The arrival of the Spanish conquistadors marked an ending to the typical Taíno way of life. The Taíno were used as slaves, and forced to give up their religious practices. The Taíno people who lived in the area which is now Loiza were forced to mine for gold in Rio Cayranbon (now Rio Grande).

Records from this troubled time mentioned that in 1524, the small settlement of Loiza was destroyed by Carib tribes. By 1570, the gold resources had run dry, and the Spanish turned their attention to a new money-making prospect – sugar plantations. At this stage, the number of Taino people was diminished, due to the introduction of diseases which they had no immunity to and mistreatment under the Spanish masters.

In order to replace the Taíno laborers, the Spanish began to import slaves from Africa, particularly Nigeria. Further documentation from this time mentions a plague of ants which took place in 1645, throughout the north of the Puerto Rico. The ants caused damage to cassava crops, a tuber which was a staple food stuff, particularly amongst the slaves and remaining Taíno tribes.

 During the 1660s, the population of Loiza was to see a great increase in population. The isolated position of the colony, and separation from the rest of the island by Rio Grande meant that the area was identified as a weak spot in Puerto Rico’s defences.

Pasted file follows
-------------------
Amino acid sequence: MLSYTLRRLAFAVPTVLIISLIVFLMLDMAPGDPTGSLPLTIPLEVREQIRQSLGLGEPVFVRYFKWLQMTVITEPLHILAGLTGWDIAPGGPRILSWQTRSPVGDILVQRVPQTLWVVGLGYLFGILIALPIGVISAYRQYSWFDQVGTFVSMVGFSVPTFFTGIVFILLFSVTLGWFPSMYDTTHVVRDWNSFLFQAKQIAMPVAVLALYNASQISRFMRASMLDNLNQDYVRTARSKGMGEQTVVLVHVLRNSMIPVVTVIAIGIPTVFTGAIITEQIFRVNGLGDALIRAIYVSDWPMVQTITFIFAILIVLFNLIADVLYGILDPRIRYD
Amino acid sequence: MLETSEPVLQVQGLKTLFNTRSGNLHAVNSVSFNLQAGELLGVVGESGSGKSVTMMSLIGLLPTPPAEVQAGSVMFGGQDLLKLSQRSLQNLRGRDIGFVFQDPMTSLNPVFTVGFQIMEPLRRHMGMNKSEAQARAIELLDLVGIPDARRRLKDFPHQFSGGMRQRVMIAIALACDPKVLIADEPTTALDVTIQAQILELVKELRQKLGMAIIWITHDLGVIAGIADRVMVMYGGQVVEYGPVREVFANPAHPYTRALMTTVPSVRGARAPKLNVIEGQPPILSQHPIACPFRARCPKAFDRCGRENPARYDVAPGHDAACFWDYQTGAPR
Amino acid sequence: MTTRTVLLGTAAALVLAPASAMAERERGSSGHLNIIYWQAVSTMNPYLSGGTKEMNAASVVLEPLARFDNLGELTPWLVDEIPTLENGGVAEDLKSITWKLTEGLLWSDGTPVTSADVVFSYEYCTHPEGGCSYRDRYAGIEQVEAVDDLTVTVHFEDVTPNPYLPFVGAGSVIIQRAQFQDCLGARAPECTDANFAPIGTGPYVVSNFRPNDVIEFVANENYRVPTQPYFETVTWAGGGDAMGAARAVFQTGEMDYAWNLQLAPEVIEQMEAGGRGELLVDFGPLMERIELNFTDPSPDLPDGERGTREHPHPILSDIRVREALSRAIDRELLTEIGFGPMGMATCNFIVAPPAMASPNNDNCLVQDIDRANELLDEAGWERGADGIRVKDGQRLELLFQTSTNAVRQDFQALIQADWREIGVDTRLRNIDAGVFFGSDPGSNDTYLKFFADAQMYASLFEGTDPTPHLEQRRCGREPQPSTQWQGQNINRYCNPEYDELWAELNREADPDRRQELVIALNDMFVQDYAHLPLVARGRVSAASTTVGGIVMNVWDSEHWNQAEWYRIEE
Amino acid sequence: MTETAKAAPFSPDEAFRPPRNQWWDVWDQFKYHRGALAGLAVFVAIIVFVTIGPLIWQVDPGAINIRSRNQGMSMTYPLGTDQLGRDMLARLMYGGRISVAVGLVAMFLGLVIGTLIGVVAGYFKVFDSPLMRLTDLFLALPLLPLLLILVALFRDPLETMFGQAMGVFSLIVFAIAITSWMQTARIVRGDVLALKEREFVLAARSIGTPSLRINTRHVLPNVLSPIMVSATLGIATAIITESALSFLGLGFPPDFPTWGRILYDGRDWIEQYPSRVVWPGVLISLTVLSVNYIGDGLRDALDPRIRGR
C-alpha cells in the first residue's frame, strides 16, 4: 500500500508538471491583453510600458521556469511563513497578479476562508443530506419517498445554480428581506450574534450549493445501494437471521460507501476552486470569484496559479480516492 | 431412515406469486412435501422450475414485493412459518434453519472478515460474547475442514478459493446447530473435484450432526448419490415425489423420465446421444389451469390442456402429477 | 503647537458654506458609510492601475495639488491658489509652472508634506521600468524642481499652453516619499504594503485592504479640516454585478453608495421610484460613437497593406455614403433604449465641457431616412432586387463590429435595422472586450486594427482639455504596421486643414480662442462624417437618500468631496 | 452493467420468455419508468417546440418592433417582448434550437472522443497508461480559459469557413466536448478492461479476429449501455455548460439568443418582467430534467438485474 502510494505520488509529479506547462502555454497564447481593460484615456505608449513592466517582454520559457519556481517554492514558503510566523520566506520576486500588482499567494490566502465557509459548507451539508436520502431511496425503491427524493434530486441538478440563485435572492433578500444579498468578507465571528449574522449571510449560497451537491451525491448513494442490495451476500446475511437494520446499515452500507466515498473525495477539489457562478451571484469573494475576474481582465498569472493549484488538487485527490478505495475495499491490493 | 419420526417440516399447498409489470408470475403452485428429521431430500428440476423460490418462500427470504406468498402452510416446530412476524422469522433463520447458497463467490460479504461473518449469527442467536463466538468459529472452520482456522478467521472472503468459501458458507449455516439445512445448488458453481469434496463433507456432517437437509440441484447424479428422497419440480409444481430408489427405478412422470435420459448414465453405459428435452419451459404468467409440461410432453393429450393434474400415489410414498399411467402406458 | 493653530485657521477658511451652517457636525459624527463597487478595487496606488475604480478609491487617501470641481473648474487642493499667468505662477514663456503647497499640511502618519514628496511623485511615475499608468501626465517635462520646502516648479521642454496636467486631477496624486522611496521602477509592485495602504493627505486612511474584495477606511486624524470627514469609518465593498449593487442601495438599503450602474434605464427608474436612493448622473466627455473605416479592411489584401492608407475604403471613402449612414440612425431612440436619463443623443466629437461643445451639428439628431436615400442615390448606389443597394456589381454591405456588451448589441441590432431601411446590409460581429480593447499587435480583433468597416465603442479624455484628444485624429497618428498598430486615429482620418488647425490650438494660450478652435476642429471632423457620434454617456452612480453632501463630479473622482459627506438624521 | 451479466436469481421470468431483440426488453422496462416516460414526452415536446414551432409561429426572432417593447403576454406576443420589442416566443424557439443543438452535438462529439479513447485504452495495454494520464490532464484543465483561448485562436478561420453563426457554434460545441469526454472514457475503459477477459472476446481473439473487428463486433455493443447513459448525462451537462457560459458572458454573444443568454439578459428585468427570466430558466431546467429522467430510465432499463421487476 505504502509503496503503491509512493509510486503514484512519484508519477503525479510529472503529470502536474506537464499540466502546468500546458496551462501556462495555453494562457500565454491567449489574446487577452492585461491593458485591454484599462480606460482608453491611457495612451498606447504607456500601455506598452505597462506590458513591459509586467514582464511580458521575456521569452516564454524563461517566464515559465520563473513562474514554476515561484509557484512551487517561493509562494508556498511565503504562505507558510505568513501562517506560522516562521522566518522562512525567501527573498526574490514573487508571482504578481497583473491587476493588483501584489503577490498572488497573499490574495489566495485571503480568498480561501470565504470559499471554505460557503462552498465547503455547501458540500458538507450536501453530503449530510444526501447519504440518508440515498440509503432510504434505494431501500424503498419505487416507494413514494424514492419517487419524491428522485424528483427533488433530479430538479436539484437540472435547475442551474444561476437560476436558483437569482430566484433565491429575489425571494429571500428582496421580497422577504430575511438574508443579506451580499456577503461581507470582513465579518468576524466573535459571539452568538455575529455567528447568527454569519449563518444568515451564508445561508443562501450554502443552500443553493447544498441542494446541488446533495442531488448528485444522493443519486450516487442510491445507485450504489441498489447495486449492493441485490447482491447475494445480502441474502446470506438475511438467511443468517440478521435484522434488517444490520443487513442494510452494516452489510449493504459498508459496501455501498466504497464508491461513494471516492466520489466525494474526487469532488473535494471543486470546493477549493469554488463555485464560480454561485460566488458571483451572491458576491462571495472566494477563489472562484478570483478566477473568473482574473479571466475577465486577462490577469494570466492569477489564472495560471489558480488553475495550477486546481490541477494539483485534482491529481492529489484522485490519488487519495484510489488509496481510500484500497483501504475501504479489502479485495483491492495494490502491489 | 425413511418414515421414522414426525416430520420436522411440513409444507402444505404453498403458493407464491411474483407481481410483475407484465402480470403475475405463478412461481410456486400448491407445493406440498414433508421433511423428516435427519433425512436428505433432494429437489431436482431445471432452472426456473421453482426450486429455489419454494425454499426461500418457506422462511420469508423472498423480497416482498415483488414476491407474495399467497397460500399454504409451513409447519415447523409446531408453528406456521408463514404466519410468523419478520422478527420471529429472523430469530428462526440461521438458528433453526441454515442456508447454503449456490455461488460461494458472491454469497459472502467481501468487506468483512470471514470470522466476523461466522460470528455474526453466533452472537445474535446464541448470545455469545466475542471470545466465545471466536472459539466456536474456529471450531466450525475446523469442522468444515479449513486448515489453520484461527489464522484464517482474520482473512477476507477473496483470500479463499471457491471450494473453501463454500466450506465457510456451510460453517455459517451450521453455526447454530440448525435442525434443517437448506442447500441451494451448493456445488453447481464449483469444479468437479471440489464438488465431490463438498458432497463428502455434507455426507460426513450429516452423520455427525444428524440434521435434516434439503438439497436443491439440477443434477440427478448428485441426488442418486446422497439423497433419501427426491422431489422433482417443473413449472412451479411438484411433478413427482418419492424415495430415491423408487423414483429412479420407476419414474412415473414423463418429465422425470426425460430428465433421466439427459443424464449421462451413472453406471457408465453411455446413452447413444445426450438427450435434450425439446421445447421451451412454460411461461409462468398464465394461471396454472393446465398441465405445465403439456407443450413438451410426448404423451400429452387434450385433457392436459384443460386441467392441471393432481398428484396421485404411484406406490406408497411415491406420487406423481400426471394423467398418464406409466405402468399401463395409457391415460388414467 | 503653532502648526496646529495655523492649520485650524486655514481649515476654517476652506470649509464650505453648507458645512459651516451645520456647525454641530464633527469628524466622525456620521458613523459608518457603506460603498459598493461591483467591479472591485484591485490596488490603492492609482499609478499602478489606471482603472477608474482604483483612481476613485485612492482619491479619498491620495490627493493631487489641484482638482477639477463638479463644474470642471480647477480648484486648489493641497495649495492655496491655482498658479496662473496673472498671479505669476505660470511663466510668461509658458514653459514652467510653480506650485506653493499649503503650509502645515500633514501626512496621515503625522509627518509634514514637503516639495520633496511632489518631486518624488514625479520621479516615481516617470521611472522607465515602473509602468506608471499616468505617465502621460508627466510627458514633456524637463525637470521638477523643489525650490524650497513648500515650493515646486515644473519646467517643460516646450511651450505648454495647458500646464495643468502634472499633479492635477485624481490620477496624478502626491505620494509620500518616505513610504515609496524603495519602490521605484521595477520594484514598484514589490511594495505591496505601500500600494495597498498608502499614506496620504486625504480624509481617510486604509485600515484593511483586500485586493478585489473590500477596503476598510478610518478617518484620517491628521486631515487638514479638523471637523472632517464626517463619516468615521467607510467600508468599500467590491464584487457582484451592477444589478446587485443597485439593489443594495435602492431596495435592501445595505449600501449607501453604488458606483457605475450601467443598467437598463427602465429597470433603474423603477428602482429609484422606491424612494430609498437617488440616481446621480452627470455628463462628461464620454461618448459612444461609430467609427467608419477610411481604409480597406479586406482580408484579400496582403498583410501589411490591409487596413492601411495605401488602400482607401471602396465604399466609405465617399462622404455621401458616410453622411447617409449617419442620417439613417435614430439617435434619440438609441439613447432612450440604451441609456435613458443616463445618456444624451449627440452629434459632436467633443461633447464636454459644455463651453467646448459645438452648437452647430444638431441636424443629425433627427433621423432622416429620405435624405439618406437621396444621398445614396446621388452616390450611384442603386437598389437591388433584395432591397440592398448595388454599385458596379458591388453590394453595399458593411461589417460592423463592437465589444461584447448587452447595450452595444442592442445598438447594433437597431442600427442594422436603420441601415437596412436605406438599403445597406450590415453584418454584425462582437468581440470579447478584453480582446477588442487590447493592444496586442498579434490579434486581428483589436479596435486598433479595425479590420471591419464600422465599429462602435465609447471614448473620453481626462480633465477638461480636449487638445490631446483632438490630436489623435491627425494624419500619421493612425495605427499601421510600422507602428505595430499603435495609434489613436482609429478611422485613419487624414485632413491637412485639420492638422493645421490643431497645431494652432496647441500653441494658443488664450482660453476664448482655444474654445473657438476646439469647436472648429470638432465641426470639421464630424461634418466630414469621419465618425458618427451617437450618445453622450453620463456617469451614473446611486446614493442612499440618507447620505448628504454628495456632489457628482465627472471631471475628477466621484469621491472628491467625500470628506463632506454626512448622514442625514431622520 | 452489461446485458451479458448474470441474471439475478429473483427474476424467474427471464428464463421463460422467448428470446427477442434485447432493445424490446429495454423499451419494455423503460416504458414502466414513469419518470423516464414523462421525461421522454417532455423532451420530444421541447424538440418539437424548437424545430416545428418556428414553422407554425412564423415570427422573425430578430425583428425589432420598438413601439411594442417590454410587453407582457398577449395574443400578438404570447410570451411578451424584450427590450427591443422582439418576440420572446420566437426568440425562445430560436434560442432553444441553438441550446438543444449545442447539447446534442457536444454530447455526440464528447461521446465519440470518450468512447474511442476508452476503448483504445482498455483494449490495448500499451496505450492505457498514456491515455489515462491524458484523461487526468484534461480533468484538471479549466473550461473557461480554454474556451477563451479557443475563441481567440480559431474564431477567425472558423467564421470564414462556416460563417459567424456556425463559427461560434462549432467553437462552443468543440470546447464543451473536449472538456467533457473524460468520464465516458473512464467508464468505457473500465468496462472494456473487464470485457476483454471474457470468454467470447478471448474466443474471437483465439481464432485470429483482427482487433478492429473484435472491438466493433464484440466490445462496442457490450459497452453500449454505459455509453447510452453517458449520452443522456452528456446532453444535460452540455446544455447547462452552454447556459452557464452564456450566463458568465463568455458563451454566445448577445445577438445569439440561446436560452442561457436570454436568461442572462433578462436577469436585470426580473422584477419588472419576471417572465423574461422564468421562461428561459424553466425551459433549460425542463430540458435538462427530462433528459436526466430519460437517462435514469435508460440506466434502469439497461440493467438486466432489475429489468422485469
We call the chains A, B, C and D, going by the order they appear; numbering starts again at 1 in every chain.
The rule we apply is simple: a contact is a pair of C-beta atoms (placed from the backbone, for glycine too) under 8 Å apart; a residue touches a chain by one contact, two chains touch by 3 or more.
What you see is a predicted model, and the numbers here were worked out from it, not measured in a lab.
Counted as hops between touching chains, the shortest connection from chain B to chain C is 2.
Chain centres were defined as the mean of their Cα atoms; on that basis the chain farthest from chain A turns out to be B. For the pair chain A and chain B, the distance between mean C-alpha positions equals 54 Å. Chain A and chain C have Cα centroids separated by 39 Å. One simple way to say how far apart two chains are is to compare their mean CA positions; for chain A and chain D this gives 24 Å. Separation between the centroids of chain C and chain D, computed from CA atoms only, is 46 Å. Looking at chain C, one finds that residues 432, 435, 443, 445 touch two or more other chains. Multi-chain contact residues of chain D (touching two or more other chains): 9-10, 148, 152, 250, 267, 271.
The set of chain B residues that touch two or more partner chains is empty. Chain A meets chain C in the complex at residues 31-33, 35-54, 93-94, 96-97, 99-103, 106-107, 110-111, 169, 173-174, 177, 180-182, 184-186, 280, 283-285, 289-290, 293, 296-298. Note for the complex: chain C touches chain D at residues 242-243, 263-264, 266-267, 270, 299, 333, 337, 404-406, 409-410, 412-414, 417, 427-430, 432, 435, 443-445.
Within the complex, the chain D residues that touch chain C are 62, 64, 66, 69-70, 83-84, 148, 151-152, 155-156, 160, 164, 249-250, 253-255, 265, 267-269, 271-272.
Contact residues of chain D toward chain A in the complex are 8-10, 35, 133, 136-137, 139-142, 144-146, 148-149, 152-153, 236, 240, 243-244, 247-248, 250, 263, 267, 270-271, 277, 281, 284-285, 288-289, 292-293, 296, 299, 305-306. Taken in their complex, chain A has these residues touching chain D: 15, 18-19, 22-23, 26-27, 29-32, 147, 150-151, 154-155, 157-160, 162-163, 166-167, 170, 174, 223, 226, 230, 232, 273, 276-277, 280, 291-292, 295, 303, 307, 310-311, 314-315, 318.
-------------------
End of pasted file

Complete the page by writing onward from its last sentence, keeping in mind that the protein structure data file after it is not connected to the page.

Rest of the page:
The Governor of the island decided to increase the population of the area by sending slaves to live there. Many of these slaves were African runaways from the British controlled islands of Jamaica and Santa Dominica, and there were also a large number of “free blacks” – slaves who had earned their freedom but chosen to stay in the Caribbean.

Large numbers of people from an African background stayed in Loiza, some marrying and having families with Taíno. Studies into the current population of Loiza, Puerto Rico show that many of the people living in the area can trace their heritage back to their African and Taíno ancestors through their DNA.  An interesting point to note is that the people of Loiza have long followed a fishing tradition. This may appear strange, as slaves were taught to fear water – it is believed that the Taíno passed their skills onto the African people who settled in the area.

By 1692, Loiza, Puerto Rico had 100 houses and a population of around 1000. The first moves to declare the area of a town were started in 1690, however Loiza was not founded until 1719. Loiza was founded by the Governor of Puerto Rico, Gaspar de Arredondo, under orders from the Spanish Crown.

At this time, it was known as Loiza Aldea. By 1852, three sugar mills were in operation in the area of Loiza, Puerto Rico. Some of these were run by Irish immigrants, who left their homelands due to famine, and with the promise from the Spanish Crown of a better life on the island.

Between 1902 -1905, Loiza was annexed to the nearby area of Rio Grande for administrative purposes, and between 1909 and 1969 was divided into Loiza and Canovanas. Loiza did not become a municipality until August 16 1970, by declaration of the Puerto Rican governor Luis A Ferre.